Age Range
Release Date
June 01, 2021
Buy This Book
Most people think superhero work is awesome and fulfilling. Pizazz knows better. Whenever she’s in the middle of a movie or having fun with her friends, she has to dash off the save the world. And she’s always in the same outfit, including an embarrassing glittery cape, and the wedgies are unreal. Plus, being the good guy all the time is so not easy. Superheroes have bad days like everybody else, but Pizazz always has to be cheerful and noble and brave. More than anything, she just wants to be normal.

Editor review

1 review
Accept yourself as you are.
Overall rating
Writing Style
Illustrations/Photos (if applicable)
What worked:
Presenting a young, unhappy superhero is a novel idea, as Pizazz finds the cons far outweigh the pros. Even her name isn’t as cool as her sister’s name of Red Dragon. Pizazz’s situation worsens when her parents decide to move, forcing her to adjust to a new school and the loneliness of having no friends. Many young readers will be able to make this connection. All of the members of Pizazz’s family are born superheroes and have unique abilities. However, Pizazz has an embarrassing superpower that she’s reluctant to share with readers and rarely wants to use. The author teases readers throughout most of the book before finally revealing her deplorable ability. I must admit, it’s pretty embarrassing.
While this book is not a graphic novel, it contains a lot of pictures that contribute to the story. They depict scenes from the plot that help to visualize what’s happening. Pizazz’s family is summoned to save the world every few chapters, and those missions are presented in a manner more like graphic novels. Pages display panels of illustrations with captions that quickly recount the planet-saving battles. This strategy is very effective since Pizazz’s problems are the focus of the book, not her family’s fights with nasty villains that twerk, shoot goo, and projectile vomit.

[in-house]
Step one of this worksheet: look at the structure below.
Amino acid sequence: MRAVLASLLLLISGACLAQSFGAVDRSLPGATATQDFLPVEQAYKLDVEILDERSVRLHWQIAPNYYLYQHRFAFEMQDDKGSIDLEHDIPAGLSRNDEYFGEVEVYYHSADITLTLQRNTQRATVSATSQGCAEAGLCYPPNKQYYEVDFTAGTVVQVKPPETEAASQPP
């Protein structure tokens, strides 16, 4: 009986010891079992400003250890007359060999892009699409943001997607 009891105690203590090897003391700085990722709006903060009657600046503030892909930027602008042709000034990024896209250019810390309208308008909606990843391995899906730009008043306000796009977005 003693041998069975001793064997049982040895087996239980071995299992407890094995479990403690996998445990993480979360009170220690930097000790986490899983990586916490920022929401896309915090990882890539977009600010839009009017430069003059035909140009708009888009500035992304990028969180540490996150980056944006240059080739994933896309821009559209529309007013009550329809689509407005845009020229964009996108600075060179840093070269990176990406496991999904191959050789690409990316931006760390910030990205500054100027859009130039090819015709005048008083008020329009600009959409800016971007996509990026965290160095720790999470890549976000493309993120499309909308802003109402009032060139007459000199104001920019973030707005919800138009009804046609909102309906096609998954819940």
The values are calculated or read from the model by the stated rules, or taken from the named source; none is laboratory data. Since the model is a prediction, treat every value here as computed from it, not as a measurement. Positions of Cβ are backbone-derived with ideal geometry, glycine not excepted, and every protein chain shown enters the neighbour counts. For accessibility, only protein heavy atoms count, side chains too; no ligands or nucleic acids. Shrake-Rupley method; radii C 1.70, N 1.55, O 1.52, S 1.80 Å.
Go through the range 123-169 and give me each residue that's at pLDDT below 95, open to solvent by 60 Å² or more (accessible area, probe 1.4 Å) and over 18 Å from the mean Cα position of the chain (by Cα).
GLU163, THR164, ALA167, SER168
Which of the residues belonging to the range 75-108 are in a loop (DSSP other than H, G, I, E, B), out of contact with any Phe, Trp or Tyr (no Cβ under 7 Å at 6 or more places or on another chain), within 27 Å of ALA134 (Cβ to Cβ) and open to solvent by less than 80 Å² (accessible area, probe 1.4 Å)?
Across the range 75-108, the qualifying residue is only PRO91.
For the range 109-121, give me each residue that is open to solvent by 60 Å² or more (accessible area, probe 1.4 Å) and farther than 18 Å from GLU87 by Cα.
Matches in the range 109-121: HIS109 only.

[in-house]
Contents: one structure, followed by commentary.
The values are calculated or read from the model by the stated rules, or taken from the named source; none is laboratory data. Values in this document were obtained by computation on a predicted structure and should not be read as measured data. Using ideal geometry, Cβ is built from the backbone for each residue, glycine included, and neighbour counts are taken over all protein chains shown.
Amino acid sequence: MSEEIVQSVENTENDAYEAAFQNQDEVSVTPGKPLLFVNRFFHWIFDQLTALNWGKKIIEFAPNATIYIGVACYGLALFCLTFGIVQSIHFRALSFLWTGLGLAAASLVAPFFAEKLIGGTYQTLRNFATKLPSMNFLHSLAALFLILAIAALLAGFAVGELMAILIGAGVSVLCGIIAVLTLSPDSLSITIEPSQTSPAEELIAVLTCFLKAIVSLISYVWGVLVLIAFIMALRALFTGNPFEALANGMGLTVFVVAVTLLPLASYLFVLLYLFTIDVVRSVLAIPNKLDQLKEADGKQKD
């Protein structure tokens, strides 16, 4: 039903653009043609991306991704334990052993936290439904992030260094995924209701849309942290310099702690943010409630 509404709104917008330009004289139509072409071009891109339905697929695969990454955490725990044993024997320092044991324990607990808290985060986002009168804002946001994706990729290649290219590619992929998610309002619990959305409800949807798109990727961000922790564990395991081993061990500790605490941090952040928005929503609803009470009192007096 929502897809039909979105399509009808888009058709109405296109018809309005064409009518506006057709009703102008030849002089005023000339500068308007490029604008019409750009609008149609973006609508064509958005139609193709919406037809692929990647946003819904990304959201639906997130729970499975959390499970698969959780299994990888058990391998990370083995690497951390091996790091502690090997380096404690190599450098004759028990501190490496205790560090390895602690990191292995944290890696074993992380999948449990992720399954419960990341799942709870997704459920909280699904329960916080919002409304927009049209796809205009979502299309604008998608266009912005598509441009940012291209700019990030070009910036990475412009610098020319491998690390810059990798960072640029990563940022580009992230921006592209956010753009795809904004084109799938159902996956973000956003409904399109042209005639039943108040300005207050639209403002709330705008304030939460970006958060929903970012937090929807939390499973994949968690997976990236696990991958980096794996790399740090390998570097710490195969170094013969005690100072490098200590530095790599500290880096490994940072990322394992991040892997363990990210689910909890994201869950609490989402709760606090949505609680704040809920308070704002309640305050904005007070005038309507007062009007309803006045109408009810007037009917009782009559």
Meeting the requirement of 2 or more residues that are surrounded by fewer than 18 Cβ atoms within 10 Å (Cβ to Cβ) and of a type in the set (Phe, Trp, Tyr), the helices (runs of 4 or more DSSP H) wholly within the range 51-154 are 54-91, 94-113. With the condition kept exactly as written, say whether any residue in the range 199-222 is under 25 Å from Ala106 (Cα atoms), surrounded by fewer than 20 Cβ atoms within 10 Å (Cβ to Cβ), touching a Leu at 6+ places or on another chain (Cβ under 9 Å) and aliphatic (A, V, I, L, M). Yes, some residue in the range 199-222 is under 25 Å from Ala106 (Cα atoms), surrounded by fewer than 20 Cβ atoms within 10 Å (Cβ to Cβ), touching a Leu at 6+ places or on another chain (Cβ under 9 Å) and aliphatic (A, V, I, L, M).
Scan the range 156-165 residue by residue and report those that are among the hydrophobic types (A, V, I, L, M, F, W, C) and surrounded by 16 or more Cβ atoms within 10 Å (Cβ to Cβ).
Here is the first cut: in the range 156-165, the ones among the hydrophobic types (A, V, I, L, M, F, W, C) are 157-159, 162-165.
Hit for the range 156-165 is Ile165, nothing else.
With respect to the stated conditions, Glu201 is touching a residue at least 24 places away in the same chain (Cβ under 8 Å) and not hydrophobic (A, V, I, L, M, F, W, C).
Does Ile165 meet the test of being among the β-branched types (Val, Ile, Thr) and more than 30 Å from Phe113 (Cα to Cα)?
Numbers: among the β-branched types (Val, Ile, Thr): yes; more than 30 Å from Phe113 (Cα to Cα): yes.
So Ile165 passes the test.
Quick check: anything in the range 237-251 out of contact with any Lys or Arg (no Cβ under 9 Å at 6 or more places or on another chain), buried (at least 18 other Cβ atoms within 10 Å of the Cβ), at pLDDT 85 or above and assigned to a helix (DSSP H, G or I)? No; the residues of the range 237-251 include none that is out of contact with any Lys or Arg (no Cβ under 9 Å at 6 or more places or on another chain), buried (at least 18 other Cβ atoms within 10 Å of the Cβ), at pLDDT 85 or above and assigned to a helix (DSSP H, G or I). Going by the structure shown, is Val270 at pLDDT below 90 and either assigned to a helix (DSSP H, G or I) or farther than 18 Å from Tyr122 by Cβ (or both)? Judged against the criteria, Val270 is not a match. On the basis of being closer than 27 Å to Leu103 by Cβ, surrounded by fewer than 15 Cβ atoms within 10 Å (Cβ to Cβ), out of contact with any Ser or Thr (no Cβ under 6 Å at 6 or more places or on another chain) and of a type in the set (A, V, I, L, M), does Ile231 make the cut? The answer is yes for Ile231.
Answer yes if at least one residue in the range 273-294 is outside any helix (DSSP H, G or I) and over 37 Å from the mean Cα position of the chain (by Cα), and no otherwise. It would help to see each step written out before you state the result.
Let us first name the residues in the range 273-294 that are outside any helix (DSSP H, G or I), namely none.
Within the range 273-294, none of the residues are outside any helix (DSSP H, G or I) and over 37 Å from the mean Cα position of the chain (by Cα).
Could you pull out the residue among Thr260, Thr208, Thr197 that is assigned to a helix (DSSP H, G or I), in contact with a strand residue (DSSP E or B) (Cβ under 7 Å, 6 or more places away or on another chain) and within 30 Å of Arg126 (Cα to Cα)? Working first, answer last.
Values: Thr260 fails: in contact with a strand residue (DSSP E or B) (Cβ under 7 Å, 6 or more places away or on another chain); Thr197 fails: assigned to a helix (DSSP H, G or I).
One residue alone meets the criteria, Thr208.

The book appears to be about superheroes, but the essence of the story centers on Pizazz’s self-image. She wants a cooler name, a superpower that’s more impressive and less annoying, and a costume that’s more comfortable and stylish. She even hates that her little sister Red Dragon is too happy and positive. Pizazz is awkward around new classmates, so she becomes the school’s eco monitor to meet new people. She’s not quite sure what to do, but the annoyed former eco monitor named Ivy gives her an idea for an important community issue. The duo team up to stop big business from destroying the park next to the school, and it may take Pizazz’s embarrassing superpower to get it done.
What didn’t work as well:
The early part of the book shares Pizazz’s likes and dislikes of being a superhero, but the overall conflict starts murky. Her whiny venting about being a superhero is humorous, but it takes a few chapters for a focus to develop. The plot emerges into a young heroine trying to accept herself, fit in with normal people, and save the world in the process.
The Final Verdict:
The book is most appropriate for upper elementary readers and is reminiscent of Diary of a Wimpy Kid. The author’s voice is easy to follow, and the humor and illustrations will appeal to young readers. The plot shares important issues of having a positive self-image and protecting nature from big corporations. I recommend you give it a shot.
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